The bull of 1120 was not the first papal expression against the mistreatment of Jews. In 1065, for example, Pope Alexander II wrote to Béranger, Viscount of Narbonne, and to Guifred, bishop of the city, praising them for having prevented the massacre of the Jews in their district, and reminding them that God does not approve of the shedding of blood. In 1065 also, Alexander admonished Landulf VI of Benevento “that the conversion of Jews is not to be obtained by force.”
Prayer: Lord, have mercy on your church for the distorted views that led to so much stereotyping, stigmatizing, victimization and oppression. Have mercy, O Lord! In Yeshua’s name we pray. Amen.
- Calixtus II. issues bull beginning “Sicut Judæis non” and enumerating privileges of the Jews (Vogelstein and Rieger, “Gesch. der Juden in Rom,” i. 219 [hereafter cited as V. R.]).
- Eugenius III., ordering Jews to remit interest on debts of Crusaders while absent (Baronius, “Annales”).
- Clement III. confirms the bull “Sicut Judæis non” (Rios, “Hist.” ii. 469 [hereafter cited as Rios]).
1199 (Sept. 15). Innocent III. confirms “Sicut Judæis non.”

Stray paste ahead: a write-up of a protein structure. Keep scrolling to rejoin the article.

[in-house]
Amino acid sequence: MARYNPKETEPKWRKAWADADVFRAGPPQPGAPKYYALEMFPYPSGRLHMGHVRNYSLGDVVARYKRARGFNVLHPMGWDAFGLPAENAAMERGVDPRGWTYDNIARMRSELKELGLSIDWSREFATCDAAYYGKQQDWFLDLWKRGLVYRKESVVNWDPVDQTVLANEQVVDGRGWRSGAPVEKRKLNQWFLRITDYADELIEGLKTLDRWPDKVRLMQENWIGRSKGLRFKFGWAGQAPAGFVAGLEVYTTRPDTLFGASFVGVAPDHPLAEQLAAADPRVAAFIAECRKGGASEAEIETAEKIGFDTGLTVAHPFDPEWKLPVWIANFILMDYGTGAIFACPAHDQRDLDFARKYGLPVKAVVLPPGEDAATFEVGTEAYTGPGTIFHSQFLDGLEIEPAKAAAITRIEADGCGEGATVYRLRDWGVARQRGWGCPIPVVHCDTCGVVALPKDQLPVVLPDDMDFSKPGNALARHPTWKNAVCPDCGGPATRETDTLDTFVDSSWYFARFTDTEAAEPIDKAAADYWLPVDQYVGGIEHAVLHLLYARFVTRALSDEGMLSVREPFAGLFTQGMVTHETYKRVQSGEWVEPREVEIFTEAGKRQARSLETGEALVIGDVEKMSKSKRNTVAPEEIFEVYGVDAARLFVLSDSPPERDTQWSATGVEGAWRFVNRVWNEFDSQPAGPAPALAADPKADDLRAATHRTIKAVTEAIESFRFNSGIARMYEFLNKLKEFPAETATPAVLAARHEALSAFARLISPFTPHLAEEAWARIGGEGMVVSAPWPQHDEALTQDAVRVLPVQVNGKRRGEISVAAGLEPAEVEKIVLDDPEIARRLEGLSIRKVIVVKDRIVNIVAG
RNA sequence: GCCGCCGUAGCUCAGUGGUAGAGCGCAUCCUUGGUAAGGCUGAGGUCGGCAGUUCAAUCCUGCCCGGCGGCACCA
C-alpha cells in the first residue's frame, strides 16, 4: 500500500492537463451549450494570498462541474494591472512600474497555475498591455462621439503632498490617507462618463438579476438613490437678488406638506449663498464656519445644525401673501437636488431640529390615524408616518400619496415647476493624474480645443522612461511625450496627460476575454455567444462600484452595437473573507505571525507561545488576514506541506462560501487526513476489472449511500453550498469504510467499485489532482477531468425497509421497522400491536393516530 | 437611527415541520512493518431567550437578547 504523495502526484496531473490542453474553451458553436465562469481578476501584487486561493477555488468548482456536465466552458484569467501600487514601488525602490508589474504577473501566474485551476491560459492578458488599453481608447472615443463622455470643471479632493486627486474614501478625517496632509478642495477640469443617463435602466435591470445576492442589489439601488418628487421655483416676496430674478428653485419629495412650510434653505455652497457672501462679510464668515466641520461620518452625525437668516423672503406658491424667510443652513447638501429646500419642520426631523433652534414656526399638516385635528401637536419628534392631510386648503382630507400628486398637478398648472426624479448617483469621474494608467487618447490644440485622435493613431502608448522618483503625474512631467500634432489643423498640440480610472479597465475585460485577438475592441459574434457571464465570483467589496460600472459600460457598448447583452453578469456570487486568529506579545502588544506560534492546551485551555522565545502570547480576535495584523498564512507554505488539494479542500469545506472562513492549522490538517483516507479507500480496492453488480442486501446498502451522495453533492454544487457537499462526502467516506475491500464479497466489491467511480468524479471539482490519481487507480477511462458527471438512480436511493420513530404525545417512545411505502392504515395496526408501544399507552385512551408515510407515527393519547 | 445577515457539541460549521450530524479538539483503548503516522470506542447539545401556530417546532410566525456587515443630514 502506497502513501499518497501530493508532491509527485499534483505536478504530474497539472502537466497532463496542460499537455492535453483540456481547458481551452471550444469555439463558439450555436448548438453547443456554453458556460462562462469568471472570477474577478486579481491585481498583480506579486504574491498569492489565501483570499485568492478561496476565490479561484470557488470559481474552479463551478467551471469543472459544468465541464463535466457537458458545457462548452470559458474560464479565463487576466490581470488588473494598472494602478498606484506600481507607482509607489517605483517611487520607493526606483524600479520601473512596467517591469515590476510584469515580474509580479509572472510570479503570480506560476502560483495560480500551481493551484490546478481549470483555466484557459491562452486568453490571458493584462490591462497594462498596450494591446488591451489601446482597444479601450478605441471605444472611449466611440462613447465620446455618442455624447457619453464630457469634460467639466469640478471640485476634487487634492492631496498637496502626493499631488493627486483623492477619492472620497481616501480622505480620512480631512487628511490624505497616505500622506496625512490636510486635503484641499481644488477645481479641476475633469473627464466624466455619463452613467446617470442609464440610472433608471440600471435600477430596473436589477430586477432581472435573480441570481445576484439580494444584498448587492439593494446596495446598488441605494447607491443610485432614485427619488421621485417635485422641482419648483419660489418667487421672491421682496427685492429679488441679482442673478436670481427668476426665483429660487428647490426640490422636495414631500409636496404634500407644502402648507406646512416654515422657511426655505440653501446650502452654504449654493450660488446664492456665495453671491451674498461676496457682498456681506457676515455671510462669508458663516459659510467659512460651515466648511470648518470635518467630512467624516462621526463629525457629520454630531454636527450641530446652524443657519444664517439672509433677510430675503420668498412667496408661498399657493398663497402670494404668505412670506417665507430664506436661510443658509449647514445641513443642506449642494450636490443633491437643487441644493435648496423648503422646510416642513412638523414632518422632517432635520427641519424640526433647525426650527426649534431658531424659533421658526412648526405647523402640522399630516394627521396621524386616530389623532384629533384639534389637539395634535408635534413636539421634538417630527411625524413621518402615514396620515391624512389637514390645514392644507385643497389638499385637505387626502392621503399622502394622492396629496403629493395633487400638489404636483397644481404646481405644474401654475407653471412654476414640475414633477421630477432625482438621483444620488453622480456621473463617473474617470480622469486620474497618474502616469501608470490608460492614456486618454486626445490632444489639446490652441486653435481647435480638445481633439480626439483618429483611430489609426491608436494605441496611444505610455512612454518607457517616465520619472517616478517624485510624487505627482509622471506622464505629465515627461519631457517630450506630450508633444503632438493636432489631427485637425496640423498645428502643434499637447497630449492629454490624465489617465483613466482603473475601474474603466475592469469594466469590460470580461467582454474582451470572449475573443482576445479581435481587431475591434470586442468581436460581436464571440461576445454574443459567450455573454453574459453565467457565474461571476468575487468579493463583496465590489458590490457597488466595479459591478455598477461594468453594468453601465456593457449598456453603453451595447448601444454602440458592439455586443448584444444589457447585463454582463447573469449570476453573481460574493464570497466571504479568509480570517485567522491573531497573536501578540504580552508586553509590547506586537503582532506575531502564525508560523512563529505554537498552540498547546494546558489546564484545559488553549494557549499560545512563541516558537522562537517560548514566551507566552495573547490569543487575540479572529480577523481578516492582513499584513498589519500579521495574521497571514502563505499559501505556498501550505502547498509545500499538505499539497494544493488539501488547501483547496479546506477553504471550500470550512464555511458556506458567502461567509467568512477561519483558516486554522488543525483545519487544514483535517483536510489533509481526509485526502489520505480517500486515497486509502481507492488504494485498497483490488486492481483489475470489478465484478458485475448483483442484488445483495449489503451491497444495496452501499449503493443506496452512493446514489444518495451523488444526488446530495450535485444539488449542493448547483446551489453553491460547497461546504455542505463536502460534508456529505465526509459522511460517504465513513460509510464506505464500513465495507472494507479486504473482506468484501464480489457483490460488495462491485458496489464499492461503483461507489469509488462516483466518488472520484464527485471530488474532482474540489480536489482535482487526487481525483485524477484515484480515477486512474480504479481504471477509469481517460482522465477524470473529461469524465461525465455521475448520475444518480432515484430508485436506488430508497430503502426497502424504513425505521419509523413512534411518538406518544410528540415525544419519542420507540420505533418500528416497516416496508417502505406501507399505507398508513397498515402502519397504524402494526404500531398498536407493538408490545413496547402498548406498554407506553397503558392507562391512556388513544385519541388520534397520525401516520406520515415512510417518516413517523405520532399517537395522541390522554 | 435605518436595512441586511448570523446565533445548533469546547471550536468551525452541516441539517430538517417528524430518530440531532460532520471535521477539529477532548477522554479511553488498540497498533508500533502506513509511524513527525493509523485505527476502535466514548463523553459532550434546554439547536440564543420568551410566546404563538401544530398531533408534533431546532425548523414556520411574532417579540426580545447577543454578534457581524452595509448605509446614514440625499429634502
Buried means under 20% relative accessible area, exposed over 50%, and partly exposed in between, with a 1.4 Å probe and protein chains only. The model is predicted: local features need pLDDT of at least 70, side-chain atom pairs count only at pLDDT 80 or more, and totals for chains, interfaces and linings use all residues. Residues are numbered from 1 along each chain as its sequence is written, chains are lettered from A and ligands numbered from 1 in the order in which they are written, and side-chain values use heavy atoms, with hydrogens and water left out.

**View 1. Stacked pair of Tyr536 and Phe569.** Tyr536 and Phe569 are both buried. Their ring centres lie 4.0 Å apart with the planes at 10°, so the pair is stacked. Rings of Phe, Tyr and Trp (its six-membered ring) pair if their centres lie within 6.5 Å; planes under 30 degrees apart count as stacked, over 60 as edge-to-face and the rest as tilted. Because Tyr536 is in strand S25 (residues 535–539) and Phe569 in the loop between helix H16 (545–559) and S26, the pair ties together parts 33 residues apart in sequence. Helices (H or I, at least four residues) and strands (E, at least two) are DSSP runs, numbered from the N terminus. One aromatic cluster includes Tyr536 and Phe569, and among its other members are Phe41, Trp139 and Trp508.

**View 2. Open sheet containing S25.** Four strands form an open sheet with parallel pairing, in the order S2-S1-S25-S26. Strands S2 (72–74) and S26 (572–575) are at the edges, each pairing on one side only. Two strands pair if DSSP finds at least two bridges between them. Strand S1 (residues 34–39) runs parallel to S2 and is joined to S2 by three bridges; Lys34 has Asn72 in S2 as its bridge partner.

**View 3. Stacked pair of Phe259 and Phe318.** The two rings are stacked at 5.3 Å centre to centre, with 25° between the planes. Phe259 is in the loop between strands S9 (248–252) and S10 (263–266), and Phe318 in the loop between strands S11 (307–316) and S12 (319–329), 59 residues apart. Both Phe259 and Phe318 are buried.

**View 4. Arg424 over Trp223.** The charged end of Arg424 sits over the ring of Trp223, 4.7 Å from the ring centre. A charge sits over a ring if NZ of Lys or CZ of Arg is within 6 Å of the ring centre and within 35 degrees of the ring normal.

Sicut Judaeis non debet esse licentia, ultra quam permissum est lege in synagogis suis praesumere, ita in eis, quae concessa sunt, nullum debent praejudicium sustinere. Nos ergo, cum in sua magis velint duritia permanere, quam prophetarum verba arcana cognoscere atque Christianae fidei et salutis notitiam habere, quia tamen defensionem et auxilium nostrum postulant, ex Christianae pietatis mansuetudine praedecessorum nostrorum felicis memoriae Callisti et Eugenii Romanorum pontificum vestigiis inhaerentes, ipsorum petitiones admittimus eisque protectionis nostrae clypeum indulgemus. Statuimus enim, ut nullus Christianus invitos vel nolentes eos ad baptismum venire compellat, sed, si eorum quilibet ad Christianos fidei causa confugerit, postquam voluntas ejus fuerit patefacta, Christianus absque calumnia efficiatur. Veram quippe Christianitatis fidem habere non creditur, qui ad Christianorum baptismum non spontaneus, sed invitus cognoscitur pervenire. Nullus etiam Christianus eorum quemlibet sine judicio potestatis terrenae vulnerare vel occidere vel suas eis pecunias auferre praesumat aut bonas, quas hactenus in ea, quam prius habitabant regione habuerunt, consuetudines immutare. Praesertim in festivitatum suarum celebratione quisquam fustibus vel lapidibus eos nullatenus perturbet nec aliquis ab eis coacta servitia exigat, nisi ea, quae ipsi praefato tempore facere consueverunt. Ad haec, malorum hominum pravitati et nequitiae obviantes, decernimus, ut nemo coemeterium Judaeorum mutilare vel invidare audeat, sive obtentu pecuniae corpora humana effodere. Si quis autem, hujus decreti tenore agnito, quod absit, temere contraire praesumpserit, honoris et officii sui periculum patiatur aut excommunicationis sententia plectatur, nisi praesumptionem suam digna satisfactione correxerit.